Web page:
The Justice Department found “significant justification” to open the investigation, Assistant Attorney General Kristen Clarke said in a video news conference Tuesday, citing public reports of dozens of homicides, stabbings and beatings, scores of smuggled weapons, and open gang activity inside state-run prisons, along with extreme staff shortages.
The Justice Department will look into reports of conditions inside state facilities, where 26 people died last year in confirmed or suspected homicides. So far this year, there have been 18 homicides, said Clarke, who will be the lead examiner.
If federal investigators find evidence of systemic violations, they will issue a written report outlining minimal remedial measures, which the Department of Corrections would be required to implement. Clarke added that the Justice Department would work with the state to find and establish solutions.
Georgia officials on Tuesday denied they had violated the rights of inmates or failed to protect them.
“The Georgia Department of Corrections is committed to the safety of all of the offenders in its custody,” Lori Benoit, a department spokeswoman, said in a statement.
On Tuesday, the Southern Center for Human Rights (SCHR), a nonprofit law firm that specializes in prison litigation, welcomed the Justice Department investigation as a “significant step forward in the fight for accountability for the lives that have been lost and for the people who continue to suffer in Georgia’s prisons,” according to Hannah Riley, the SCHR’s communications director, in a statement to The Washington Post.
Last year the organization requested that the Trump administration intervene and investigate the “deplorable” conditions at the state’s prisons, which it argued had worsened “to a point of constitutional crisis” during the pandemic.
In a letter sent to the Justice Department last September, the SCHR outlined a number of incidents, including riots and escalating violence in several facilities, and pointed to homicide and suicide rates reaching unprecedented levels. The group asked the federal government to step in and launch an investigation “as soon as possible.”
“We are not aware of any other group or agency that is likely to intervene,” the letter said, adding that its repeated attempts to alert senior correctional administrators of the serious violations had received “no substantive response.”
By June of last year, 19 people had died by suicide in Georgia prisons — a suicide rate twice the national average in state prisons, according to the SCHR, which investigates and monitors conditions in state jails and prisons.
In August 2020, hundreds of prisoners came out of their cells at Ware State Prison in Waycross, Ga., and ran through the compound, setting a golf cart on fire and breaking several windows. The riot left three inmates and two prison guards injured, the Georgia Department of Corrections said. Two other large-scale riots took place in two different facilities over three months.
In its letter to the Justice Department, the SCHR argued that before the riots, men had been left locked in their cells for weeks or months at a time without sufficient food, water, showers or medical care.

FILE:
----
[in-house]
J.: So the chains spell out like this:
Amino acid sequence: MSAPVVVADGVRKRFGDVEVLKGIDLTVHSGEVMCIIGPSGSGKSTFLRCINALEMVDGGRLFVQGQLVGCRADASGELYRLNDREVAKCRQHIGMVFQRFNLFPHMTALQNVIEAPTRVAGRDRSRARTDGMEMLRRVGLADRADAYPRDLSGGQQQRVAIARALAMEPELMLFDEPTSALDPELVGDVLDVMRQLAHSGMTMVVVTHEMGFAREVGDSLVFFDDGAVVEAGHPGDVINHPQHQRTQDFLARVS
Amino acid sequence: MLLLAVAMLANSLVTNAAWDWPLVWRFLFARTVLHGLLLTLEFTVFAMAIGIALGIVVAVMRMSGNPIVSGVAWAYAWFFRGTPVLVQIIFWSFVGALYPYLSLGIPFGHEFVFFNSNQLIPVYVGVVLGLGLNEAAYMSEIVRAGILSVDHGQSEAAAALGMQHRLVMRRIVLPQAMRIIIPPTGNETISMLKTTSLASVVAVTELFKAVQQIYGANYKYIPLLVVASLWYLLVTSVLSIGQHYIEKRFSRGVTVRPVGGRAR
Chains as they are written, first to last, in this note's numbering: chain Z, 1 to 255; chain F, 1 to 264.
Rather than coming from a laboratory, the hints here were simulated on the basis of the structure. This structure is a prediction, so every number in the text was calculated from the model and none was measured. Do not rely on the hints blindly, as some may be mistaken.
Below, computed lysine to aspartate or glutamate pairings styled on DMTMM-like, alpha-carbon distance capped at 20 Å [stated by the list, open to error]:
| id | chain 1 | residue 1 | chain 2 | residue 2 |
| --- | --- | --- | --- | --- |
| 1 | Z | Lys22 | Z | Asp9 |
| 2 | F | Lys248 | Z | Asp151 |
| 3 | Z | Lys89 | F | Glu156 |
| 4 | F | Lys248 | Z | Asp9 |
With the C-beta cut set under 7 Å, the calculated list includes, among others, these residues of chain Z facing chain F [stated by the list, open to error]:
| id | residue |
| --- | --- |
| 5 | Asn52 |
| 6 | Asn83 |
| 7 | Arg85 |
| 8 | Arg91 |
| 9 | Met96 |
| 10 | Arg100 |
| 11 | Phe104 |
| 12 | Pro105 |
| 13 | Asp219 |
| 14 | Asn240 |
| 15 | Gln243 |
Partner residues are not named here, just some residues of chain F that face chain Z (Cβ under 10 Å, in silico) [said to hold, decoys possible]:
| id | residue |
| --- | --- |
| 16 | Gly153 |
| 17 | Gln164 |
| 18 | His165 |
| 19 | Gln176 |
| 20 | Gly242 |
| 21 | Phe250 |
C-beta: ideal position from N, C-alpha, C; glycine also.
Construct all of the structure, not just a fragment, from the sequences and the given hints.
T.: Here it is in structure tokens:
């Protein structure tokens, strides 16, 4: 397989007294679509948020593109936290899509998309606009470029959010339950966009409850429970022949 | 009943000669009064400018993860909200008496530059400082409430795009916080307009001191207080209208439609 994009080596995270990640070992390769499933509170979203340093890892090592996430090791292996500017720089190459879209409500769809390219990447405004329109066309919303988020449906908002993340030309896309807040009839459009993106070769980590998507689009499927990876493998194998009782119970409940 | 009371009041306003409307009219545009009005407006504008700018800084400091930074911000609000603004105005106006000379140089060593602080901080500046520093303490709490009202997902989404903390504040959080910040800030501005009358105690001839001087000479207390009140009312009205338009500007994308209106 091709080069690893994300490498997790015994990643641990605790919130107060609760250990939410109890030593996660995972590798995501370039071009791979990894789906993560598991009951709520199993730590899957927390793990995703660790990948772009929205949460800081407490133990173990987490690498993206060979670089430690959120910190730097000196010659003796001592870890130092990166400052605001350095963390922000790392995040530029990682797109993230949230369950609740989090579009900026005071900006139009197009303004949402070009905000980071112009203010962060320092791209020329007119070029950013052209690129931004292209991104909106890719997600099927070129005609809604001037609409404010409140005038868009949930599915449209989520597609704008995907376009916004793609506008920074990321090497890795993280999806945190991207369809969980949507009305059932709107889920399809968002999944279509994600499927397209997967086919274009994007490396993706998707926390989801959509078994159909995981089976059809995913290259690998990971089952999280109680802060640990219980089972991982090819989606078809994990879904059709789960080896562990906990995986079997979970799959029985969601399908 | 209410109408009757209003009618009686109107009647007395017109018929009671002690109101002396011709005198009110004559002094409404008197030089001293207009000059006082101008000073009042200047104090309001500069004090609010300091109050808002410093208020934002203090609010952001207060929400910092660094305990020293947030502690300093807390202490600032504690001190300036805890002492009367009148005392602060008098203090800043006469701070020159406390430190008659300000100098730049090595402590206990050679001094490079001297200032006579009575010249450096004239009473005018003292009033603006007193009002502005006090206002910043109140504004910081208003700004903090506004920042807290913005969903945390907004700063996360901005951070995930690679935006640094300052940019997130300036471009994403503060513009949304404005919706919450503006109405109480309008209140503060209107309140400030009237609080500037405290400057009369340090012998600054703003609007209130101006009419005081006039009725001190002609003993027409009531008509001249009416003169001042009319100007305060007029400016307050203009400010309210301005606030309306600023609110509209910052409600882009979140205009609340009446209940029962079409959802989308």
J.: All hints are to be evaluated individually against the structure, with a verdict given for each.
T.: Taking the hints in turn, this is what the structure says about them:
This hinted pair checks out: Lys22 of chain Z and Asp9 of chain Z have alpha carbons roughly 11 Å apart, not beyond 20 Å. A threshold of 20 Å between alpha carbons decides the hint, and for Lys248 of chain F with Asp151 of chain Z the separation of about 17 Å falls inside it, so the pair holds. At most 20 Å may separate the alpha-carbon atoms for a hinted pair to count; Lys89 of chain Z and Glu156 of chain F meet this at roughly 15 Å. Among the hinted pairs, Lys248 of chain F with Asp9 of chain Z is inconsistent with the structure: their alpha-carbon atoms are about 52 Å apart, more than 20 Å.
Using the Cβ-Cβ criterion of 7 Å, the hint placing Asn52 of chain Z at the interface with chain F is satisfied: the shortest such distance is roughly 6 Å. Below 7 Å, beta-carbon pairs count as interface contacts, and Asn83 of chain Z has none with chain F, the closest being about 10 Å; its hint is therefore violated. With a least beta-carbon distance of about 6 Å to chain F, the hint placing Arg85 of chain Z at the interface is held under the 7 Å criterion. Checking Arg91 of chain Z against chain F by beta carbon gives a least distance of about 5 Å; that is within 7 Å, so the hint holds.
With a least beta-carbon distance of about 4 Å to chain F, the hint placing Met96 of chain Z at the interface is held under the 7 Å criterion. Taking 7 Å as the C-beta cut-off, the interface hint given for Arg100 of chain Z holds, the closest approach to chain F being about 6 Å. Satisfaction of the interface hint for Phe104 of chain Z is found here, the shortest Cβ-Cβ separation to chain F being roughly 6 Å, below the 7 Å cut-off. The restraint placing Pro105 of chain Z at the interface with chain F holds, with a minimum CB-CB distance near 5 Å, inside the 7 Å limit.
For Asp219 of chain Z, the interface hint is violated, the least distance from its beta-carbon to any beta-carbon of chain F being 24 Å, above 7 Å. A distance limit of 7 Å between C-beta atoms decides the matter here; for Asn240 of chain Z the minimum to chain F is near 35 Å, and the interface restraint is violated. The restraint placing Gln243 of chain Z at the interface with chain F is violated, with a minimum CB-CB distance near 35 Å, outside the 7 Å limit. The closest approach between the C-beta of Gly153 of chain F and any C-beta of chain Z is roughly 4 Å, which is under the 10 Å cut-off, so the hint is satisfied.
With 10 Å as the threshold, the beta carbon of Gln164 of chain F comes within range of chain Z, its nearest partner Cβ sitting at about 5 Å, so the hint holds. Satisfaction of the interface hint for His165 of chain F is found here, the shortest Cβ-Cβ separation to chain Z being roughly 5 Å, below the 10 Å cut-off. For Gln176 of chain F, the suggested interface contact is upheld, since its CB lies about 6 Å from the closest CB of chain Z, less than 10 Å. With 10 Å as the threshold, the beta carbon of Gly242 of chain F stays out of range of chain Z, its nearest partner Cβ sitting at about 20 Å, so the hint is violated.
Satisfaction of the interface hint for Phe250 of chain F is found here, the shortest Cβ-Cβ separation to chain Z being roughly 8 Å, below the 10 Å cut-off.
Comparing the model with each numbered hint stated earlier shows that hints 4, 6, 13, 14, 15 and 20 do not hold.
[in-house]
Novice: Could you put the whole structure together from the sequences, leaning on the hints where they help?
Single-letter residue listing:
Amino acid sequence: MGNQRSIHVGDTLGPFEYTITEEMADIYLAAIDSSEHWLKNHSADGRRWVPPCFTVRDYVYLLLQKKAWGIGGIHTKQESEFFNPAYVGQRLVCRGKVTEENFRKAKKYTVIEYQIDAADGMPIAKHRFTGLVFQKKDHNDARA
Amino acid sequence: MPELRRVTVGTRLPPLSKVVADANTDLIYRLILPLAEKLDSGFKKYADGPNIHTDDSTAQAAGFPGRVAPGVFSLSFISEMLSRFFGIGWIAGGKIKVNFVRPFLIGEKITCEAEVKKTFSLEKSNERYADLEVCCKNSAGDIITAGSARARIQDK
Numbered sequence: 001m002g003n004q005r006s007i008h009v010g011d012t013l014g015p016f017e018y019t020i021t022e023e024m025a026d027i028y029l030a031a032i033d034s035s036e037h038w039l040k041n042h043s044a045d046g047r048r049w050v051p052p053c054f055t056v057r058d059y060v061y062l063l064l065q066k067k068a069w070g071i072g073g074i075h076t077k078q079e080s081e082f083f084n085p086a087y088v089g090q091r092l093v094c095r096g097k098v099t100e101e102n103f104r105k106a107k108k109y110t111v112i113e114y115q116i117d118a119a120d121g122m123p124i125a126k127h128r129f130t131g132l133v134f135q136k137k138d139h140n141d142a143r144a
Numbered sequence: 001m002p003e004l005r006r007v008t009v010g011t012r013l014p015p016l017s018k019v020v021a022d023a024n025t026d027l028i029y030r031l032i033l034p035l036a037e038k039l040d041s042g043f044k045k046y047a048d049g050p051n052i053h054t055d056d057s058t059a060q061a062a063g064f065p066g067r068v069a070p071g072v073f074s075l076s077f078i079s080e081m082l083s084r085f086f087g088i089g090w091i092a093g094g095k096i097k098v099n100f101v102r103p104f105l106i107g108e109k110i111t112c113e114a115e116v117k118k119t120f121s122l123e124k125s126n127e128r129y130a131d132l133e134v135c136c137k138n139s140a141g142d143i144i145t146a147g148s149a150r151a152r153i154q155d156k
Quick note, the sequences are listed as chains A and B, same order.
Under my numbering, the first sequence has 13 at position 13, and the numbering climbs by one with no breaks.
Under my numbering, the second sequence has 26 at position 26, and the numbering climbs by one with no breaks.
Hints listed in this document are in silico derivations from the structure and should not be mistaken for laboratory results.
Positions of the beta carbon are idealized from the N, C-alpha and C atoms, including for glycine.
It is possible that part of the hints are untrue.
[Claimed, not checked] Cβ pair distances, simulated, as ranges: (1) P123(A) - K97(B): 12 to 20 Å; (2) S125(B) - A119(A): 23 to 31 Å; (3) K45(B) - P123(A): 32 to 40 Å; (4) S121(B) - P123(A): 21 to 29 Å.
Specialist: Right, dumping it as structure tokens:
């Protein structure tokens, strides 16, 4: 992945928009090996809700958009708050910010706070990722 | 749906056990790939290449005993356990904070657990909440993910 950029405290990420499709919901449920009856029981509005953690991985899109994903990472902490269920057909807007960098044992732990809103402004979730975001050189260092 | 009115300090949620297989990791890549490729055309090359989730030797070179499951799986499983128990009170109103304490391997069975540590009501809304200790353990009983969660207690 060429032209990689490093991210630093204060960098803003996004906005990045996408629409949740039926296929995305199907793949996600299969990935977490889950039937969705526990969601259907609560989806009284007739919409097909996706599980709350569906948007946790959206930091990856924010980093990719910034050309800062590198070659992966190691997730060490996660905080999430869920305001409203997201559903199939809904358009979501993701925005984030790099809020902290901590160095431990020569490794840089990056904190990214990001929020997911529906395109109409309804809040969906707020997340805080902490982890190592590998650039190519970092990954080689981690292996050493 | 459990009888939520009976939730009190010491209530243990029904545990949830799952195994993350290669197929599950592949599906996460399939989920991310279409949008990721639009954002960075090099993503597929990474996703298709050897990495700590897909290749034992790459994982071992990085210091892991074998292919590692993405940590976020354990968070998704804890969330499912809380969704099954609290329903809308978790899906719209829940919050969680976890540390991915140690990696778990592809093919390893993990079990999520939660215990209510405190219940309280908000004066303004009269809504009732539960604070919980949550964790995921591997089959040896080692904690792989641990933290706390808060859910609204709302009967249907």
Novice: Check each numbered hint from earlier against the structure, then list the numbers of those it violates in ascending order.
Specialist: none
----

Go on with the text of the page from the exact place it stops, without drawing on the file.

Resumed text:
The SCHR also pointed to videos reportedly taken by inmates that showed injured prisoners covered in blood, prison dorms with no security supervision, and groups of men armed with machetes roaming lockdown dorms, the letter said.
On Friday, the SCHR filed a class-action lawsuit in the U.S. District Court for the Middle District of Georgia challenging solitary confinement conditions at Georgia State Prison, the main maximum-security facility in the state, where it said people are held for months or years and rats and roaches crawl on people while they sleep and in their food.
People subjected to solitary confinement at Georgia State Prison frequently experience psychiatric crises and become suicidal, the SCHR said in a news release. A third of all suicides reported last year in state prisons over a period of 18 months happened in this prison, according to the SCHR.
Clarke acknowledged that understaffing at correctional facilities is a “particularly acute problem.”
“Without adequate staff supervision and mental health care, there is an increased likelihood that people experiencing mental health issues may harm themselves or even commit suicide,” she said.
Riley, at the SCHR, said multiple facilities in the state operate with 70 percent officer vacancy rates, which she said can result in deaths that could have been prevented.
Clarke, who leads the Justice Department’s Civil Rights Division, underlined the department’s “commitment” to conducting civil rights investigations in prisons across the country.
Last year, the Justice Department sued the state of Alabama over the prevalence of violence among prisoners and the use of excessive force among staff.
Clarke pointed to the department’s inquiry into systemic abuse against female inmates at a New Jersey prison, where investigators found that women were regularly sexually assaulted by guards and detailed widespread sexual abuse at the facility.
Last month, the Justice Department and New Jersey reached an agreement that required the state to implement new safeguards such as training and greater supervision at the prison.